According to the latest injury and ill health statistics published by the Health and Safety Executive (HSE), the number of fatal and non-fatal injuries in the waste and recycling sector has fallen.
The overall trend for injury numbers in waste and recycling over the last few years is falling, the HSE confirmed. But it is still “much higher” than in the agriculture and construction sectors, it said.
In 2013/14p the waste industry saw four fatal injuries to workers, including two fatal injuries to self-employed people. This compares with an average of nine over the previous five years.
Judith Hackitt, HSE – “We should remind ourselves what these numbers actually mean – the number of times in the last year someone went out to work and either did not return home to their loved ones or came home with life changing injuries”
There was one fatal injury to a member of the public, compared to an average of two a year over the previous five years, the same as the five-year average for construction.
In the 5 years from 2009/10 to 2013/14 almost three in ten fatalities (29 percent) were due to being struck by vehicles and nearly four in ten reported major/specified injuries (39 percent) were due to slips and trips.
Waste and recycling is a high-risk industry. It accounts for only about 0.5 percent of the employees in Britain, but 2.6 percent of reported injuries to employees (2.2 percent fatalities, 2.6 percent major/specified and 2.7 percent of over-seven-day injuries.)
HSE figures published in October last year (2013) showed an 11 percent drop in major injuries compared to 2011/12.
The waste and recycling sector accrues 369.8 major injuries per 100,000 employees, according to the October figures.
The October report revealed a “general downward” trend in the rate of injury over the last eight years in the waste and recycling industry, but there is also significant year-to-year variation, especially in the number of fatalities, according to the HSE. Injury numbers have been falling for the last four years or longer.
UK Health & Safety
Despite injury figures in the waste and recycling industry still being too high, the HSE revealed that Britain continues to be one of the safest places to work in Europe.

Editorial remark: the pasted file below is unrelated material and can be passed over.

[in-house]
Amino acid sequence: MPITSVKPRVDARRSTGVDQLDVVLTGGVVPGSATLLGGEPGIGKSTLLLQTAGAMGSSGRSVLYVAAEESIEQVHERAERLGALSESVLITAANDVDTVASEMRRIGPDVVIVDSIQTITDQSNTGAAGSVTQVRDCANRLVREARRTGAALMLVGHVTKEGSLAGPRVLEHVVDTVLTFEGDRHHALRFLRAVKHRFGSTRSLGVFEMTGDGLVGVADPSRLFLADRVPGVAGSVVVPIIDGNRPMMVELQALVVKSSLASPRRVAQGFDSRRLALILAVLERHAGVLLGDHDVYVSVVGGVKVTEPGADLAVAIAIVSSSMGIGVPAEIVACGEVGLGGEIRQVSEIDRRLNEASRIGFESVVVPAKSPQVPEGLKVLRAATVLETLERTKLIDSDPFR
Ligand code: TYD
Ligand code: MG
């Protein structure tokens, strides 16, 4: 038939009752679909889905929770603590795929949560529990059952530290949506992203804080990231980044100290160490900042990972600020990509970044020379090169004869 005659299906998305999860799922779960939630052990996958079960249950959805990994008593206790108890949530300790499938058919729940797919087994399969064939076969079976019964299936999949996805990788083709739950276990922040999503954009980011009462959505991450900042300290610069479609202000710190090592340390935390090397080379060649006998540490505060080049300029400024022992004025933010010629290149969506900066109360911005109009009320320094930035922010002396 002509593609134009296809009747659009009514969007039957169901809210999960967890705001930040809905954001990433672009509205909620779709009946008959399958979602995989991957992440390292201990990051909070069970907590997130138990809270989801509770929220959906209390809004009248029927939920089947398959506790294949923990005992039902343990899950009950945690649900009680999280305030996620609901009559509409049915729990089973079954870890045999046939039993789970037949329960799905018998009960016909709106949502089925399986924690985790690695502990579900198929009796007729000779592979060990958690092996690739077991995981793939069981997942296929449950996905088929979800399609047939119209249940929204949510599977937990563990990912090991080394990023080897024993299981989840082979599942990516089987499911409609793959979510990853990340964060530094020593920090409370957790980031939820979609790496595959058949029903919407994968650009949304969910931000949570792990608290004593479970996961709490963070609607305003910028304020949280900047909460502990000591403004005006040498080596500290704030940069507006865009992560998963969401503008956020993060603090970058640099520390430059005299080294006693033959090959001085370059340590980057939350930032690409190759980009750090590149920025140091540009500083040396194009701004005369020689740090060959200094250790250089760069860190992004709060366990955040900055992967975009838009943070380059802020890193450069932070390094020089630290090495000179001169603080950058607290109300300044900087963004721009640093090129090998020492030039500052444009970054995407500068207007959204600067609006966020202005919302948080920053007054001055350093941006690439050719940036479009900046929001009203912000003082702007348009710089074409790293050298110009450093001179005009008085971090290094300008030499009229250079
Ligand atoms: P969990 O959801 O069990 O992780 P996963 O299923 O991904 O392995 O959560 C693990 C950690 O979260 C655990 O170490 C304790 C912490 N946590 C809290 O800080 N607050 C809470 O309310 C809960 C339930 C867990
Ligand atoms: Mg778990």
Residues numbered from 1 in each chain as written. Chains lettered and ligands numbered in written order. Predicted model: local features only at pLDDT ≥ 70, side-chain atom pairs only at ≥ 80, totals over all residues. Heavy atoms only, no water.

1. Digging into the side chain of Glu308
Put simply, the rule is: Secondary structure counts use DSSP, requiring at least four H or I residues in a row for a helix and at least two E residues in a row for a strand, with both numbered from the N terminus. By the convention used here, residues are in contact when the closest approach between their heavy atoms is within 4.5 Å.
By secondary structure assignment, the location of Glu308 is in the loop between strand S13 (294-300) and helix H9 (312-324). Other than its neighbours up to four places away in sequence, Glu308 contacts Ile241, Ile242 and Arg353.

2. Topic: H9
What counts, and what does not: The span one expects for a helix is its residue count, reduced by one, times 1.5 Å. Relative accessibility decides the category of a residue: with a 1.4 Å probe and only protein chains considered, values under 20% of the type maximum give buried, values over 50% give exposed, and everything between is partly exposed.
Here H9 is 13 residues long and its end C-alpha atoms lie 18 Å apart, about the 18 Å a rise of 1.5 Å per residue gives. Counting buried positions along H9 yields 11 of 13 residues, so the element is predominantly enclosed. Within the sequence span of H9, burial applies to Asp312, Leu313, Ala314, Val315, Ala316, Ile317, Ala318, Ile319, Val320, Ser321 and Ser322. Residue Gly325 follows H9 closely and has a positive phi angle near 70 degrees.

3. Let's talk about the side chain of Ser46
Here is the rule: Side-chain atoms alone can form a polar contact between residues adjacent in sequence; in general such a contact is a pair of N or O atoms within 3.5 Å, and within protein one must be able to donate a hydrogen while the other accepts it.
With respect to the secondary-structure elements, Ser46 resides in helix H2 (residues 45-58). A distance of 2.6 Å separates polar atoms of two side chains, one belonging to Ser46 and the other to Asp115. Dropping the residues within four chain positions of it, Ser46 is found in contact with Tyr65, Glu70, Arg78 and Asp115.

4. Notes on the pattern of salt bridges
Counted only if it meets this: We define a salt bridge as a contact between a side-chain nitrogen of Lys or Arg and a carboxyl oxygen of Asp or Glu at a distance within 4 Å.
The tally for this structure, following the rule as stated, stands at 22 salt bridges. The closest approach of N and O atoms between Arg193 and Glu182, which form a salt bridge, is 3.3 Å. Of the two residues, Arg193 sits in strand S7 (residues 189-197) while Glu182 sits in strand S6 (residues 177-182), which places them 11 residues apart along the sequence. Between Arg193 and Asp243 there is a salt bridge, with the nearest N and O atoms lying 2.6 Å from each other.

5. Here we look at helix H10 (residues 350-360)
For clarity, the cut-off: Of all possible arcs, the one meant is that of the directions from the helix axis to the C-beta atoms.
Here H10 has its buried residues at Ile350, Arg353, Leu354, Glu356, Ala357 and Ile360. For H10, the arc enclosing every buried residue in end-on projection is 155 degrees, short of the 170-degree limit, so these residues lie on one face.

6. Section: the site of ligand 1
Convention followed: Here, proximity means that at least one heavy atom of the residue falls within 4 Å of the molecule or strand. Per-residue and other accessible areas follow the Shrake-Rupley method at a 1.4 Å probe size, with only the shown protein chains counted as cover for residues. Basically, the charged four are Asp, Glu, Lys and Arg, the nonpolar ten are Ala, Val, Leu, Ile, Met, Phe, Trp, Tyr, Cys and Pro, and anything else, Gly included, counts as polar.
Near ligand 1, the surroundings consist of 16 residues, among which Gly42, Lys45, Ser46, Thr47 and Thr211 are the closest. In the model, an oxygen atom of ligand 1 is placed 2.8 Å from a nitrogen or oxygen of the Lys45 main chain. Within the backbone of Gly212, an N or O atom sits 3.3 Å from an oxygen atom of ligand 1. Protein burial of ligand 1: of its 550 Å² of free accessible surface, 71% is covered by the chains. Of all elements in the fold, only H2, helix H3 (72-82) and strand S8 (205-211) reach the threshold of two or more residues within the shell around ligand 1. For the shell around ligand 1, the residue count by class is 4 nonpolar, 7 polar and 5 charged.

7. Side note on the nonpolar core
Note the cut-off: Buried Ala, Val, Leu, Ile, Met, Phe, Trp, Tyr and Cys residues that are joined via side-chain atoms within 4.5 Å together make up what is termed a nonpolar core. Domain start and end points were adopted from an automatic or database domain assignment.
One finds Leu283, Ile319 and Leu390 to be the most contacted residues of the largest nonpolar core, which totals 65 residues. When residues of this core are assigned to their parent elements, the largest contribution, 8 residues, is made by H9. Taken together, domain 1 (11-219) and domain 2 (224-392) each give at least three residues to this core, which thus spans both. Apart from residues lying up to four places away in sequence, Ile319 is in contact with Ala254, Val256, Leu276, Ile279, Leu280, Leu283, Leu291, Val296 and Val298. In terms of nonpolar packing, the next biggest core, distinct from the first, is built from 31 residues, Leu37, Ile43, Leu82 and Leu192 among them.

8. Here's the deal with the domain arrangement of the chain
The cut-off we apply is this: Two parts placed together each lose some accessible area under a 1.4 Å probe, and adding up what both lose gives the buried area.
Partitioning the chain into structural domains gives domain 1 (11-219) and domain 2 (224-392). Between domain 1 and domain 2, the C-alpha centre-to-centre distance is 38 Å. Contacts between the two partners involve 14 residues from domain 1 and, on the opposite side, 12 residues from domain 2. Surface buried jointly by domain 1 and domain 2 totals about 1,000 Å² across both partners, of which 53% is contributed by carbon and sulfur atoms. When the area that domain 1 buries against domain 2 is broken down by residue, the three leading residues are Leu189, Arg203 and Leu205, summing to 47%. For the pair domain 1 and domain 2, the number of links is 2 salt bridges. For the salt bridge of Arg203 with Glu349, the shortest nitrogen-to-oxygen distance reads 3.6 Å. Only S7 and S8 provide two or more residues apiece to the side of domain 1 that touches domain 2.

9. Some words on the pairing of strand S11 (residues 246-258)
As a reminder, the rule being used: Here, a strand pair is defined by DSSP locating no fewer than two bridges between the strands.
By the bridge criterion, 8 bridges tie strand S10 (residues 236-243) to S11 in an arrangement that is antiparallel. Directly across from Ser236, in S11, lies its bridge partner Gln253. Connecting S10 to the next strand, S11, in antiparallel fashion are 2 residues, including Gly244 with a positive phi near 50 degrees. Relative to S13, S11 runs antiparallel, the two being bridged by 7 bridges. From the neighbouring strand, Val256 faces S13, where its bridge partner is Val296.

28.2m working days were lost in the UK due to work related ill health or injury in 2013/14.
As a result, the cost to society from such injuries and new cases of ill health due to current working conditions is an estimated £14.2bn (2012/13 figures based on 2012 prices).
The statistics show that, in 2013/14, the UK saw:
- 133 fatal injuries – a fall from 150 the previous year
- 77,593 other injuries reported under The Reporting of Injuries, Diseases and Dangerous Occurrences Regulations 2013 (RIDDOR). That equates to 304.6 injuries per 100,000 employees
- an estimated two million people in 2013/14 suffering from an illness they believed was caused or made worse by current or past work.
Judith Hackitt said: “These latest figures remind us what health and safety is really about. We should remind ourselves what these numbers actually mean – the number of times in the last year someone went out to work and either did not return home to their loved ones or came home with life changing injuries…
“We all need to commit to focussing on what really matters – ensuring more people return home from work every day and enjoy long and healthy working lives.”
CIWM launched its Health and Safety Welfare Pledge in response to the waste and resource industry’s performance on health and safety being one of the worst in the UK and Ireland.
One of CIWM’s objectives is to raise awareness and promote actions about the health, safety and welfare issues faced by our industry every day.
The law requires organisations with more than 5 employees to have health & safety management policies.
CIWM is asking you and your organisation to do a little bit extra and go above and beyond the law by striving to make your place of work healthier and safer.
To read the full report CLICK HERE
For information on CIWM’s Health Safety and Welfare Pledge CLICK HERE